LGBT Counsellor & Psychotherapist
Perth, Western Australia
Phone 0401 316 977
for enquiries or appointments
Coming Out as
Lesbian, Gay, Bisexual & Transgender (LGBT)
Coming out is to make an intensely personal decision to recognise, accept, express and share one’s sexual or gender orientation with oneself and others. For some, coming out is a fairly straightforward process, while for others it is a protracted and painful experience.
The Benefits of Coming Out
Living an open and honest life.
Increased self-esteem from being known and loved for who we really are.
Developing more genuine and closer relationships with others.
Reducing the stress of trying to hide one’s identity.
Connecting with others who are LGBT (Lesbian, Gay, Bisexual, Transgender).
Becoming part of the LGBT community.
Making it easier for younger LGBT people who may follow in one’s footsteps
Most people experience the above benefits of coming out. However, the reaction of others can be difficult to predict, and unfortunately, some people may experience some of the following challenges.
The Risks of Coming Out
Some people may not be understanding or accepting.
Family, friends or co-workers may be shocked, confused or even hostile.
Some relationships may permanently change.
One may experience harassment or discrimination.
Some adolescents may be asked to leave home or lose financial support from their parents.
Things to Consider Before Coming Out to Others
Are you reasonably confident and comfortable about your sexual or gender orientation? If not, consider seeking support from a counsellor.
It is your decision whom to confide in, when to do it and how. Do not pressurise yourself into coming out before you feel ready to do so. You may also decide that coming out may not be necessary or advisable.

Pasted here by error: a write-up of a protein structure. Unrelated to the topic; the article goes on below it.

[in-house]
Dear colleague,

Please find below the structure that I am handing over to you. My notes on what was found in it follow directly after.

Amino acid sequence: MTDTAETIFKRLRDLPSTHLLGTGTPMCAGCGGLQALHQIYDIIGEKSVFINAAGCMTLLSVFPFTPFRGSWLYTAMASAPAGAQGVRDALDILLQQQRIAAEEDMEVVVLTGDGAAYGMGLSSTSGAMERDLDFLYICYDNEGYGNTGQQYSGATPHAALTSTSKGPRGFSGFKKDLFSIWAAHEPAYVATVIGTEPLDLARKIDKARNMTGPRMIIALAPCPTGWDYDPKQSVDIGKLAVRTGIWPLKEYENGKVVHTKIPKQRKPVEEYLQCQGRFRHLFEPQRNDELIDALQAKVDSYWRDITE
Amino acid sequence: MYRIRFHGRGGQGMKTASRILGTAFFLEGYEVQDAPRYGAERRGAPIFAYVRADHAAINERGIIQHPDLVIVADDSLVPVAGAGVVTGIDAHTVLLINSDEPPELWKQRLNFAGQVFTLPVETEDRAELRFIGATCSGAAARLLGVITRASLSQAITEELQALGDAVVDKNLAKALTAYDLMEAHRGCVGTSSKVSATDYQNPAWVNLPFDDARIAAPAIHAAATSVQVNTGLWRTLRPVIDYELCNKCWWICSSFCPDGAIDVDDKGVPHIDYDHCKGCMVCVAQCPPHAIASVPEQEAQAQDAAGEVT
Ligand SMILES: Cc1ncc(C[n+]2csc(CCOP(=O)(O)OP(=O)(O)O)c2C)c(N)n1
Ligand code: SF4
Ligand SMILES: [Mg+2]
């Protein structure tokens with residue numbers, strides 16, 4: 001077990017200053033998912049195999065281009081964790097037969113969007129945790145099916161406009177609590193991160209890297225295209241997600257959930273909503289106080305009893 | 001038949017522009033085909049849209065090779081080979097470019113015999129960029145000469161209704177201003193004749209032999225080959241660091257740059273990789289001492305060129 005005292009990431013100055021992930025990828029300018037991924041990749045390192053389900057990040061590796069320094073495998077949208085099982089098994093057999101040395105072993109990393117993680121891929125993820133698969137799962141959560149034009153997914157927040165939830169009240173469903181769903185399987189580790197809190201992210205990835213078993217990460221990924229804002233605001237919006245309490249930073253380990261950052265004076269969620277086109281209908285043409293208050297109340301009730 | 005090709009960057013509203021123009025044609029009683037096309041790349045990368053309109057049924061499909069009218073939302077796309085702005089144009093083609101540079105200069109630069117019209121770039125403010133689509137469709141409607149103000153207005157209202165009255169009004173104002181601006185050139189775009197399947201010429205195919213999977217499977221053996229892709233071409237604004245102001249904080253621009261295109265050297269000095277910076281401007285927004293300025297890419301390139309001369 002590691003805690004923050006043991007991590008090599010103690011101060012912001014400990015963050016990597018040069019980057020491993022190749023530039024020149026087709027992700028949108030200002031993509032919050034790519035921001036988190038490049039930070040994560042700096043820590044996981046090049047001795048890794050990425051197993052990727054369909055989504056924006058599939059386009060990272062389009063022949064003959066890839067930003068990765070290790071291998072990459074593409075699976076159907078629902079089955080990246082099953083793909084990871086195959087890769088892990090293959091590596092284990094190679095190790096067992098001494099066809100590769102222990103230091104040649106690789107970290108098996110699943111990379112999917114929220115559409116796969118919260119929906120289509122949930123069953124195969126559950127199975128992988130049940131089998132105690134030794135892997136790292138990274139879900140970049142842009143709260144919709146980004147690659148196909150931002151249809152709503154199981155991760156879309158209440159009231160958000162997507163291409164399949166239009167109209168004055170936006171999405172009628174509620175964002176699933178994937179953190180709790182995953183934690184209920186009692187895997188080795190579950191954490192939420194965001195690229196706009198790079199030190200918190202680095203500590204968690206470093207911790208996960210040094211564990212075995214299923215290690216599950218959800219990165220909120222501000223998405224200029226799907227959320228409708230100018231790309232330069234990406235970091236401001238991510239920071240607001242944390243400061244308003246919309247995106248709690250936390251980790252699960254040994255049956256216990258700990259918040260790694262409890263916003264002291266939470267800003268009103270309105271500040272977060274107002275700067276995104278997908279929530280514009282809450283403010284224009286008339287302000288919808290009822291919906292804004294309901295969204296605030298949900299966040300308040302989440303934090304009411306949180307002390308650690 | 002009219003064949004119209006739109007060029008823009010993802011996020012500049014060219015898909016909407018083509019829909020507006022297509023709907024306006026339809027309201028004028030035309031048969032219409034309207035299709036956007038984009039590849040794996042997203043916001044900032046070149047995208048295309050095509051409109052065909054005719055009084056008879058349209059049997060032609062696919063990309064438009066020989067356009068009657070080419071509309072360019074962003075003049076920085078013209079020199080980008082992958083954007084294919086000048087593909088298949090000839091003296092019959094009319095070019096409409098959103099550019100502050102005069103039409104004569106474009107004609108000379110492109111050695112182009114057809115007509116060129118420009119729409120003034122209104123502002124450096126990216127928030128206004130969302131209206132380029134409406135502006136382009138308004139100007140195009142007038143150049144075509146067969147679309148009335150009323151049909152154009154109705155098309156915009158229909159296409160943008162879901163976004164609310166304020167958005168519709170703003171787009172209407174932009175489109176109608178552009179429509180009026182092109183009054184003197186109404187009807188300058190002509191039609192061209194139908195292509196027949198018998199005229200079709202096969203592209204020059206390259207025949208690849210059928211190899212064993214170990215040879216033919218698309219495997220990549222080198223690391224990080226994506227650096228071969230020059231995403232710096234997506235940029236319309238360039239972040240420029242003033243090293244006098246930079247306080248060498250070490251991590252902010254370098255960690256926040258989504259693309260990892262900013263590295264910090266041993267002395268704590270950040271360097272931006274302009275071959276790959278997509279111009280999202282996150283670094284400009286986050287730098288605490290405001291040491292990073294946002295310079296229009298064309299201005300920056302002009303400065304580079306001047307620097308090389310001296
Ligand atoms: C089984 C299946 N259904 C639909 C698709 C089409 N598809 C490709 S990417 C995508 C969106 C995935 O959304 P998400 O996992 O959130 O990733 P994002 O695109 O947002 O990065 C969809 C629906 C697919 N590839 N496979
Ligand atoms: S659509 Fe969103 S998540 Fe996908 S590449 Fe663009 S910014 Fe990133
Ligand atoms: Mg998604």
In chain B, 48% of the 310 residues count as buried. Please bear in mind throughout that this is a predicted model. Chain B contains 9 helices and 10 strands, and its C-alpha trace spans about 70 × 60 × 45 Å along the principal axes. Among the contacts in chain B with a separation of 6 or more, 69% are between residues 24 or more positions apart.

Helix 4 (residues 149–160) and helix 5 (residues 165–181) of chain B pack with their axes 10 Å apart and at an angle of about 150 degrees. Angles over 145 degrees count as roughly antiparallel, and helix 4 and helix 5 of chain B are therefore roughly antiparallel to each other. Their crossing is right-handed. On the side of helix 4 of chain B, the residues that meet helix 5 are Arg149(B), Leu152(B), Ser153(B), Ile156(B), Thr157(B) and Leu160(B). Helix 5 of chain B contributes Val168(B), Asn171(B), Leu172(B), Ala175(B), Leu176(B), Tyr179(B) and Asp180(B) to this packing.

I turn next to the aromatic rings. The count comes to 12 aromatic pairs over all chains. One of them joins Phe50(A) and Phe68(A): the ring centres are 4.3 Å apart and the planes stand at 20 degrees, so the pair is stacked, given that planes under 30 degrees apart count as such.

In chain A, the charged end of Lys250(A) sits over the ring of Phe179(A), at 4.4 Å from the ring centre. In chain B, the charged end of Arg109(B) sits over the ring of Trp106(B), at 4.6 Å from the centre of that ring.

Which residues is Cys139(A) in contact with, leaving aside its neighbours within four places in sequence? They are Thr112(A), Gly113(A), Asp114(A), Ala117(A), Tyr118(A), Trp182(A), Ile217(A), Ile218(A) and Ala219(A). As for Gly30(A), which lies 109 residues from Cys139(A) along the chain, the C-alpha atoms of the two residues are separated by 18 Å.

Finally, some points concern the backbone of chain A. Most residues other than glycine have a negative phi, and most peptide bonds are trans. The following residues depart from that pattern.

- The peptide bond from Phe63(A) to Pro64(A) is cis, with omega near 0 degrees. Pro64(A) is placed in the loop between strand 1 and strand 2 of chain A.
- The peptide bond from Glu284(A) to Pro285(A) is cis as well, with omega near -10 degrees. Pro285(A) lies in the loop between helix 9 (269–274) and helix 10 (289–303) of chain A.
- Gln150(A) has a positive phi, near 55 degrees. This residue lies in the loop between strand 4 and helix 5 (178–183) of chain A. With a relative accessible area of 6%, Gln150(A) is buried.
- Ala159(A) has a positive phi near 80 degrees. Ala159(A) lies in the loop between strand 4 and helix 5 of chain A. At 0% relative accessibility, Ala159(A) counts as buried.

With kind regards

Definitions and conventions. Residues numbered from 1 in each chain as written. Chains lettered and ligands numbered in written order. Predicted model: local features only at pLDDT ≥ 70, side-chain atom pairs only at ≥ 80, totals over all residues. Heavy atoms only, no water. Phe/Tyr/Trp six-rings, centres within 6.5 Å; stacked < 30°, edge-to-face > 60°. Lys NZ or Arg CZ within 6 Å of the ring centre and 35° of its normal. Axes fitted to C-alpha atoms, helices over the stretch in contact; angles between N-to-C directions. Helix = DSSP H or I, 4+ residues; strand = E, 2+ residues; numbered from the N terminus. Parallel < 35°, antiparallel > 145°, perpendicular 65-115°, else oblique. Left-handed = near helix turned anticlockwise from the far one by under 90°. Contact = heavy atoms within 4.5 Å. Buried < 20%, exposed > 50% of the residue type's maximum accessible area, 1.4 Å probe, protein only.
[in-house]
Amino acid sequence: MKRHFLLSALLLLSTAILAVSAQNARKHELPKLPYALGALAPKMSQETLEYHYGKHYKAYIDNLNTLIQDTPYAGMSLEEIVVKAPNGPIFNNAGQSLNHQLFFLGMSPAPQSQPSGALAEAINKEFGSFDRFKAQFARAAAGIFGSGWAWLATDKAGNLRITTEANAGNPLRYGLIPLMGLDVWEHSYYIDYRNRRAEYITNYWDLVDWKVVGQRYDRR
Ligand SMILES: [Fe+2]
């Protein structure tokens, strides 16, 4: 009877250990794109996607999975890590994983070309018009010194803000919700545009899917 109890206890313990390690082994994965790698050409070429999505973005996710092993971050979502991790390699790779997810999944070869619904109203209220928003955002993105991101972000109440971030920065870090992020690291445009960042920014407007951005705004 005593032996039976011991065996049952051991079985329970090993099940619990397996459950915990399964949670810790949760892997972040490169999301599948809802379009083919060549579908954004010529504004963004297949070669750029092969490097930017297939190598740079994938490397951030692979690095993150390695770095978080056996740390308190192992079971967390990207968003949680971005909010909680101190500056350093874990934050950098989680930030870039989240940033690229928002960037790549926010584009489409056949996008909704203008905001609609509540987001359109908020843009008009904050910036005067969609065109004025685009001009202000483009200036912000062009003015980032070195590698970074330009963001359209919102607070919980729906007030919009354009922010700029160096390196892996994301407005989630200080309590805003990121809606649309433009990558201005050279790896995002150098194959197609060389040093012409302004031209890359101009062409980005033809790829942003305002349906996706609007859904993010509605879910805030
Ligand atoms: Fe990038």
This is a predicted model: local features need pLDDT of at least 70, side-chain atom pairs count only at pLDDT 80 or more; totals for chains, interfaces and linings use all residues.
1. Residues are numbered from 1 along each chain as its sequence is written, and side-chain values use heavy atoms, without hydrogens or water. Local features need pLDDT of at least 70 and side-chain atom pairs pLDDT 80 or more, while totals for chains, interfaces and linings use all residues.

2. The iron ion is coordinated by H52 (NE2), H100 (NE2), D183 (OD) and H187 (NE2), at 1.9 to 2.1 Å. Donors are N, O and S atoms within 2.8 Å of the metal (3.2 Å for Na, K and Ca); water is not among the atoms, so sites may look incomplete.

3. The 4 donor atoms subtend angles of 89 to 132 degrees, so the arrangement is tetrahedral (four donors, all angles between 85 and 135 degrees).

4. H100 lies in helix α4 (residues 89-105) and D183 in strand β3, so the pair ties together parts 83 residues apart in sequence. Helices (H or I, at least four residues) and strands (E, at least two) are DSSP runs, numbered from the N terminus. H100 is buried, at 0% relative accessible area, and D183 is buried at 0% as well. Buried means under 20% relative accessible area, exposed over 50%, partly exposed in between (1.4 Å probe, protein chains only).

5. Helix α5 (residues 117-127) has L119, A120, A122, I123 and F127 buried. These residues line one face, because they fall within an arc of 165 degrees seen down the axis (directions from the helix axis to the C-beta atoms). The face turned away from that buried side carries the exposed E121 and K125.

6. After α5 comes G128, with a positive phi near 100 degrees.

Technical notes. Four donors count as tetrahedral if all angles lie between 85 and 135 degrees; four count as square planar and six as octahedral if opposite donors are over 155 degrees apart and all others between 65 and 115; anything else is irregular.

Timing can be important. Be aware of the mood, priorities, stresses and problems of those to whom you would like to come out.
Be well informed about LGBT issues so that you can answer any questions or concerns on the subject.
Avoid coming out during an argument.
Some people may react negatively at first and need some time to adjust to what you’ve told them. Try not to respond angrily or defensively. Acceptance may be a gradual process.
The Coming Out Journey
Coming out and living openly, is not a single event, or something that takes place over a specified time. It is an ongoing journey that becomes part of the rest of your life.
There are three broad stages that people usually move through on their coming out journey:
Opening Up to Yourself:
This period is a process by which one accepts one’s own sexual or gender identity.
This period involves disclosure for the first time to a carefully selected few family and friends.
This ongoing phase involves disclosure, when it feels appropriate, to a broader circle of friends, family, work colleagues and new people that come into your life.
It’s important to remember that the journey from “Opening Up to Yourself” to “Living Openly” is ongoing and unfolds at your own pace.
If you are concerned about any aspect of coming out or would like to discuss any of the issues raised in this article, please contact me to make an appointment. My approach is warm and respectful, and I offer a safe, confidential and non-judgemental space to support people through their difficult times.